If you’re inventing a fantasy religion for a story or game, you’ll probably want more than just buildings and rituals. Who uses those buildings? Who performs those rituals? Not just the everyday believers but the people whose job it is to carry out the functions of the faith. For many of the stories we tell that involve imagined religions, knowing something about the people who have expertise in that religion is important.
There are many different kinds of religious experts, even within most religious traditions, and their roles and lives can vary enormously, from the highest priest of a central temple to the attendant who sweeps the dirt off a rural roadside shrine. Some cultures have complex hierarchies of religious people or divide them into many different roles, while in others all people who follow a religious life are the same. Some religious traditions have no special personnel at all.
To try to list all the possible variations of religious people would be overwhelming and unhelpful. Instead, I’d like to offer a way of thinking about different kinds of religious experts that is flexible and practical, especially for worldbuilding. To that end, consider this question: what is it about a person with a special religious role that makes them special? Here are a few possible answers, and bear in mind that more than one of these can apply to the same person.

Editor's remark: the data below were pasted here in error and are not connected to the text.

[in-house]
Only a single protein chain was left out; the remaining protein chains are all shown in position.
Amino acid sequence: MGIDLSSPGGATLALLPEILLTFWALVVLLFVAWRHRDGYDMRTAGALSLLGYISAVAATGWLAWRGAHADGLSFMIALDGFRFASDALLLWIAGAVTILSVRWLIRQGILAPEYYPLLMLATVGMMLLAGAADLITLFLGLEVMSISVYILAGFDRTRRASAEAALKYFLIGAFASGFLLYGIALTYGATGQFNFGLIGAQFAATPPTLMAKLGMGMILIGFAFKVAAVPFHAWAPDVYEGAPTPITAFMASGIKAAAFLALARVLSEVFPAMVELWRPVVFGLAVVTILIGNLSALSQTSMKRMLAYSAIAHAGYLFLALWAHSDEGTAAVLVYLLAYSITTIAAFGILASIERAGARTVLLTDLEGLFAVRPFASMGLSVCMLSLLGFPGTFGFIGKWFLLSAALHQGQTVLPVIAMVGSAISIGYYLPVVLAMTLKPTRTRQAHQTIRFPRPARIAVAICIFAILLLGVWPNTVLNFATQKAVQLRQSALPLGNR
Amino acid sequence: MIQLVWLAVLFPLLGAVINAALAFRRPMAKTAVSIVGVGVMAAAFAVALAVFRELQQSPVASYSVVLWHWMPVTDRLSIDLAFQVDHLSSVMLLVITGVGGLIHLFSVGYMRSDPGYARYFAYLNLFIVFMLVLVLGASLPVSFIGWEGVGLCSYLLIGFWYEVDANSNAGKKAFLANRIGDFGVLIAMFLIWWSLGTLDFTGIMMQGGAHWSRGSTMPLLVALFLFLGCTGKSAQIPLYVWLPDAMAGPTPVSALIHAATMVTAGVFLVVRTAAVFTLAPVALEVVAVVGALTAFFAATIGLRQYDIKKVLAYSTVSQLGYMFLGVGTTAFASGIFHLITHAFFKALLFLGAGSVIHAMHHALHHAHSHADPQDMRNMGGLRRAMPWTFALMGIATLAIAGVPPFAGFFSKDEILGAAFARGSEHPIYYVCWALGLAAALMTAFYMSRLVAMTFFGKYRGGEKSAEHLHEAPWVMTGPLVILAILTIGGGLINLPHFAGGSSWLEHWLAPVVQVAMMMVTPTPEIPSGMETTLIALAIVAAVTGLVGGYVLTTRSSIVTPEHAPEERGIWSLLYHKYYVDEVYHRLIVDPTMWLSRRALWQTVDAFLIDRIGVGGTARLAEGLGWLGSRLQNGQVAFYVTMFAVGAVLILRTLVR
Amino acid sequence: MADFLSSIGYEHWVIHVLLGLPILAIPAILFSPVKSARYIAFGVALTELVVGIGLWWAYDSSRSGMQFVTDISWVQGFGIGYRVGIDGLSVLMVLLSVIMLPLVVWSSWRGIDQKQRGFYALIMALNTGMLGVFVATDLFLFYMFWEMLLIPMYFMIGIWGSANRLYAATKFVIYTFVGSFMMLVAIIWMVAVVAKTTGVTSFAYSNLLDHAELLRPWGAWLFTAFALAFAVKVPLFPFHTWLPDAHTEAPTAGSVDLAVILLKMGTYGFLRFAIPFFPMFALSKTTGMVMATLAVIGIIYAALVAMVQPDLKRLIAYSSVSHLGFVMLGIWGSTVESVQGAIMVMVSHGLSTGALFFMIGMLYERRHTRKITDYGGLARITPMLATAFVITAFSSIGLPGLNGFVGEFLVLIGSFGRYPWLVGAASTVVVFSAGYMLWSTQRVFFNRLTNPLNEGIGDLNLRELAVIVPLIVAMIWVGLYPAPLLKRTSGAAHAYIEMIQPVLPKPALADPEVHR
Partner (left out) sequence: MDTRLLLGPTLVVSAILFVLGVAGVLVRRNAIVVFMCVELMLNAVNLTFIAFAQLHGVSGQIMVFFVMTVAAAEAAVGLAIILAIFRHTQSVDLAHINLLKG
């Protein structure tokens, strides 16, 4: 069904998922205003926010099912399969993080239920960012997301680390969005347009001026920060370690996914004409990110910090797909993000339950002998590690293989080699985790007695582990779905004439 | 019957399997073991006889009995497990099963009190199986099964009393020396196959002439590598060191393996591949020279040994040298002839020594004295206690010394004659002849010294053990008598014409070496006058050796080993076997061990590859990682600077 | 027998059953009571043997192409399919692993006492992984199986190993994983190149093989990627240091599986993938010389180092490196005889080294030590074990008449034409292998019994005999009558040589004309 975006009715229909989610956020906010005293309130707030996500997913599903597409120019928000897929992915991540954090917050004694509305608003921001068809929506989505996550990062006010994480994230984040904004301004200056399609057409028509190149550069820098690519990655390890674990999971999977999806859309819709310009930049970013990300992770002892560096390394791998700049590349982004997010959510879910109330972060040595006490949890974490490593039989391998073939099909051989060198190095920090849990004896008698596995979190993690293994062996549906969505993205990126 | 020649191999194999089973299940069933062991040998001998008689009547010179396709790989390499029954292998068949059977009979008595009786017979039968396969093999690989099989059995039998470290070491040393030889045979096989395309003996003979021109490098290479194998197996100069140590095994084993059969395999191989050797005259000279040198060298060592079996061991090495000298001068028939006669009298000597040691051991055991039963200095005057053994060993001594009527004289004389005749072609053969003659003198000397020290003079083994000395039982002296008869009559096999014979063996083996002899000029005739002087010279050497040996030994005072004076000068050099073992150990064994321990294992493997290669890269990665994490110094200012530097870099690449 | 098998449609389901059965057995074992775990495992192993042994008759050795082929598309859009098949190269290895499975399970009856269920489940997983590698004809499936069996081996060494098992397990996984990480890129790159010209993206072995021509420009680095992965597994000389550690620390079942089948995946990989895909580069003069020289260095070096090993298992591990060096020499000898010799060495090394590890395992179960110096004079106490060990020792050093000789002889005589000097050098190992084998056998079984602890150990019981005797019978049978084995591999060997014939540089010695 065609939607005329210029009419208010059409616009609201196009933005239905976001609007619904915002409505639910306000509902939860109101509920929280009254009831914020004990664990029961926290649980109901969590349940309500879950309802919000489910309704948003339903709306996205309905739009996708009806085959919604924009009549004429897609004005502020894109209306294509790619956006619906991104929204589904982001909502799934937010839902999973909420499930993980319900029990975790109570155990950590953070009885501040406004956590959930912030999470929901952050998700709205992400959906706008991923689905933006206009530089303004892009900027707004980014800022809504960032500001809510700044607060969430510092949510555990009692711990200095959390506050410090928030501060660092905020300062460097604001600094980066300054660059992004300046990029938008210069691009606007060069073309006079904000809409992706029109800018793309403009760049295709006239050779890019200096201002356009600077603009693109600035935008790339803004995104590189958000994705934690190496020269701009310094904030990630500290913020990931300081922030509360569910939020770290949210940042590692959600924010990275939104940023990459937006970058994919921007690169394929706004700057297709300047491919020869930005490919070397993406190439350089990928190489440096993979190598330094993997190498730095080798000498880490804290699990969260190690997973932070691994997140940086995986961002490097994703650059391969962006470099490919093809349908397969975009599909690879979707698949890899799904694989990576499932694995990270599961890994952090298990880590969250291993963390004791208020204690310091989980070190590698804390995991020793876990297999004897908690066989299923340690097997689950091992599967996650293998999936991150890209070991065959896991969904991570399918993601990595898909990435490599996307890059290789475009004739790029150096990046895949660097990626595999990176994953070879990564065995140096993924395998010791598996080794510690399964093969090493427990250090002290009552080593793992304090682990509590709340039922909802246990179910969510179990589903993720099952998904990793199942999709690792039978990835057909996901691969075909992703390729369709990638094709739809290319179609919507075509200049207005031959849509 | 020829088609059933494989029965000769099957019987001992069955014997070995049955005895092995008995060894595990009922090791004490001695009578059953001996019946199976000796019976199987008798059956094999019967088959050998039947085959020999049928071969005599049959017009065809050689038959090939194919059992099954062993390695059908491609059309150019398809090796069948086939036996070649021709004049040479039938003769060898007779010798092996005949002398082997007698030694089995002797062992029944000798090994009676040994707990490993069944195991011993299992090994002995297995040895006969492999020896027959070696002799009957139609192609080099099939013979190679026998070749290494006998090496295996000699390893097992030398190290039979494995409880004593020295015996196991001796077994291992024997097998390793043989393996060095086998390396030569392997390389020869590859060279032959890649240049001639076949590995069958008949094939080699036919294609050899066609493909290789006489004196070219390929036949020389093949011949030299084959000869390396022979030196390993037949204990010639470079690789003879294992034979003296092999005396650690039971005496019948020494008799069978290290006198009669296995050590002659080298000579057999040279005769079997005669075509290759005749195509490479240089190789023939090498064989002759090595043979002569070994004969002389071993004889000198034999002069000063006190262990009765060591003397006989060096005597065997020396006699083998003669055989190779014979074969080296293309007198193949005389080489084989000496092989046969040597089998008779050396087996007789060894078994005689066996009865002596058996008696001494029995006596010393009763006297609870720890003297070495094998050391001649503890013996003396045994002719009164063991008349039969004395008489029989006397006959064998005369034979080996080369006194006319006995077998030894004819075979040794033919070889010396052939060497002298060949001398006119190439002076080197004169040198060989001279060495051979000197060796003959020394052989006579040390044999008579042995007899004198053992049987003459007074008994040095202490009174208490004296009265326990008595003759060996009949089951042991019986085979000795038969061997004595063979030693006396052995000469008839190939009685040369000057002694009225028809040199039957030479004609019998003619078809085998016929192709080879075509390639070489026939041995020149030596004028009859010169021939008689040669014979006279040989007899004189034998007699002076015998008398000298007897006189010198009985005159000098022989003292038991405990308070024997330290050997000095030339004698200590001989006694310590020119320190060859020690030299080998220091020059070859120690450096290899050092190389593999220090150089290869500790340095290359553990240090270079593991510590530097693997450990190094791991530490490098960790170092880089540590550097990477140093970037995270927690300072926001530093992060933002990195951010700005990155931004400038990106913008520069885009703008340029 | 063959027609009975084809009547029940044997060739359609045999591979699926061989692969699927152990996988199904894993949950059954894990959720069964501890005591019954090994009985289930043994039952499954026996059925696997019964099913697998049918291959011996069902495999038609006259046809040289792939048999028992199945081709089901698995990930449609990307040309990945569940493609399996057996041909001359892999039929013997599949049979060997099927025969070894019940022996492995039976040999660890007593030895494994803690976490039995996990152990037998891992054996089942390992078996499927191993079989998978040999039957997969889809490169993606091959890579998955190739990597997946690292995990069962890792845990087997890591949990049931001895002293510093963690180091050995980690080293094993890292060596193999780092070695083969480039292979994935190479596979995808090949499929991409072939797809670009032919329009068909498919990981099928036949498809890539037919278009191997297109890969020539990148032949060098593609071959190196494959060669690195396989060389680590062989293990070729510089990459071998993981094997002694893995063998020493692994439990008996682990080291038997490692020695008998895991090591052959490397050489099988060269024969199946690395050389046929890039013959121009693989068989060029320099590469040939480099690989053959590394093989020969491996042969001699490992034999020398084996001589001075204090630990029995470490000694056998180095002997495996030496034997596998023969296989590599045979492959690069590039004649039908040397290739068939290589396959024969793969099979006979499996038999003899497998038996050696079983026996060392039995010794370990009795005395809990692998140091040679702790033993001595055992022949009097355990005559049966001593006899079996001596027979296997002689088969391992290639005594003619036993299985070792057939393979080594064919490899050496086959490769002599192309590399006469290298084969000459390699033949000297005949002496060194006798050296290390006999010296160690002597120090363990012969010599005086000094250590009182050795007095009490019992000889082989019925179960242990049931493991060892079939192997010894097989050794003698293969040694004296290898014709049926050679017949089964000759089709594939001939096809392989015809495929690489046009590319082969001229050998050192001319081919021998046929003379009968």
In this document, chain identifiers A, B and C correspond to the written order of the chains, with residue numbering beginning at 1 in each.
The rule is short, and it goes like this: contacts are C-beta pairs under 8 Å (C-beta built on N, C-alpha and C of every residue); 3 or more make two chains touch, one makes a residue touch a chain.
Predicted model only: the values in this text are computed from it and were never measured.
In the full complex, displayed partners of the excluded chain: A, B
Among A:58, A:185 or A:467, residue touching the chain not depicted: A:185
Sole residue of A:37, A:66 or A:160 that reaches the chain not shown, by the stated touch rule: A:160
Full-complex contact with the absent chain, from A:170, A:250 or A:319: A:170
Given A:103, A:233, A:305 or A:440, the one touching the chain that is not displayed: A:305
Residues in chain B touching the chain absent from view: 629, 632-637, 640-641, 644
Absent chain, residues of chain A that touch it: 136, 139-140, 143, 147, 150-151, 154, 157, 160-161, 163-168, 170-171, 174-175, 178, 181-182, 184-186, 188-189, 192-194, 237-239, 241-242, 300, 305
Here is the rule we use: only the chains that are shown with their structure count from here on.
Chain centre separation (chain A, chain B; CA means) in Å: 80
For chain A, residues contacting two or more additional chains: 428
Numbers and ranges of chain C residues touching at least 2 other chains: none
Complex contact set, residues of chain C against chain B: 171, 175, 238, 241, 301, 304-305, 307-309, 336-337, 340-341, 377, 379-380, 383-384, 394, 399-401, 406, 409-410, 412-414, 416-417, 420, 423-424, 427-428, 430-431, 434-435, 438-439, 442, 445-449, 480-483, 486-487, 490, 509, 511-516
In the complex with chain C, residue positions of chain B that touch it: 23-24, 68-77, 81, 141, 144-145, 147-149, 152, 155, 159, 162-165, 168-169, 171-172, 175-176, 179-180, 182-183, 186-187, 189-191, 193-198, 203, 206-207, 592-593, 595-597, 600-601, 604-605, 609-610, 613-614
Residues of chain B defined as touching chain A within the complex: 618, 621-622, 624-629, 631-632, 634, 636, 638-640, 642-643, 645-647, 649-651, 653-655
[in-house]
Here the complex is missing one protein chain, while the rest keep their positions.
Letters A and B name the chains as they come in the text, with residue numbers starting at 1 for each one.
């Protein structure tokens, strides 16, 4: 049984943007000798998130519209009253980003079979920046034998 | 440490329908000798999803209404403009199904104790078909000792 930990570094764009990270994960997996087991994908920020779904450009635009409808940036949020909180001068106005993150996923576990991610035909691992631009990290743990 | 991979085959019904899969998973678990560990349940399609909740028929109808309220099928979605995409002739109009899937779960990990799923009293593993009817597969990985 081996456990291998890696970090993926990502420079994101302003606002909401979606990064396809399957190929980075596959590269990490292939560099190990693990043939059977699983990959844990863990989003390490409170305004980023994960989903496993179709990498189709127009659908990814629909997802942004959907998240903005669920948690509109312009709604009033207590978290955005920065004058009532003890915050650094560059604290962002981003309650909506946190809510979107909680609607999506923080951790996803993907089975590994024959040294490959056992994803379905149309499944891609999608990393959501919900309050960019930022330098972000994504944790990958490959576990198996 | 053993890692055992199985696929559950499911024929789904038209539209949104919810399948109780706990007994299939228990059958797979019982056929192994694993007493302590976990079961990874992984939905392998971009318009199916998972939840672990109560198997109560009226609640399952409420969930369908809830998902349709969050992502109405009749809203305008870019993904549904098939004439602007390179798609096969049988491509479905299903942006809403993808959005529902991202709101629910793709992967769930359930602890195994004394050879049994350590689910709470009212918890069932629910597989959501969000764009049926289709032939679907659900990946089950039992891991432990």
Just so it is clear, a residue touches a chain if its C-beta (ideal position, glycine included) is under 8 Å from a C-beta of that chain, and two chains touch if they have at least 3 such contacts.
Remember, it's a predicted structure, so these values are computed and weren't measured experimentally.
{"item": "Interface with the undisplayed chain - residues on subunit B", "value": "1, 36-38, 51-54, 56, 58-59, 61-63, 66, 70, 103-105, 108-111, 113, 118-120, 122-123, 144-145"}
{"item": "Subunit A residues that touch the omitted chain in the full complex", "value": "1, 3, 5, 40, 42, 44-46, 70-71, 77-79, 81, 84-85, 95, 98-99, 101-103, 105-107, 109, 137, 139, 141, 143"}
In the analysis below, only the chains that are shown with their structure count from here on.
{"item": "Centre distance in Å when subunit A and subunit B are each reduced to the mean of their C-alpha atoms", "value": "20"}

Some religious experts are believed by the adherents of their faith to be endowed with a special ability to invoke divine aid, at least under certain conditions. Historically, it is common to refer to religious experts with such special powers as priests, but different traditions have their own terms.
A familiar example in the modern west is the priests of Catholic Christianity who have the power to, among other things, invoke the miracle of transubstantiation. Many other religions practiced today also have priests who perform important rites, such as Hinduism, Zoroastrianism, Shinto, and Ifa. The priests of most historical religions with an organized structure also fall into this category, including those of ancient Greece, Rome, Egypt, Persia, the Aztecs and the Maya. Many traditions require specific circumstances, locations, and rituals in order for the invocation of divine aid to be effective, but others hold that every act of a holy individual is imbued with divine force.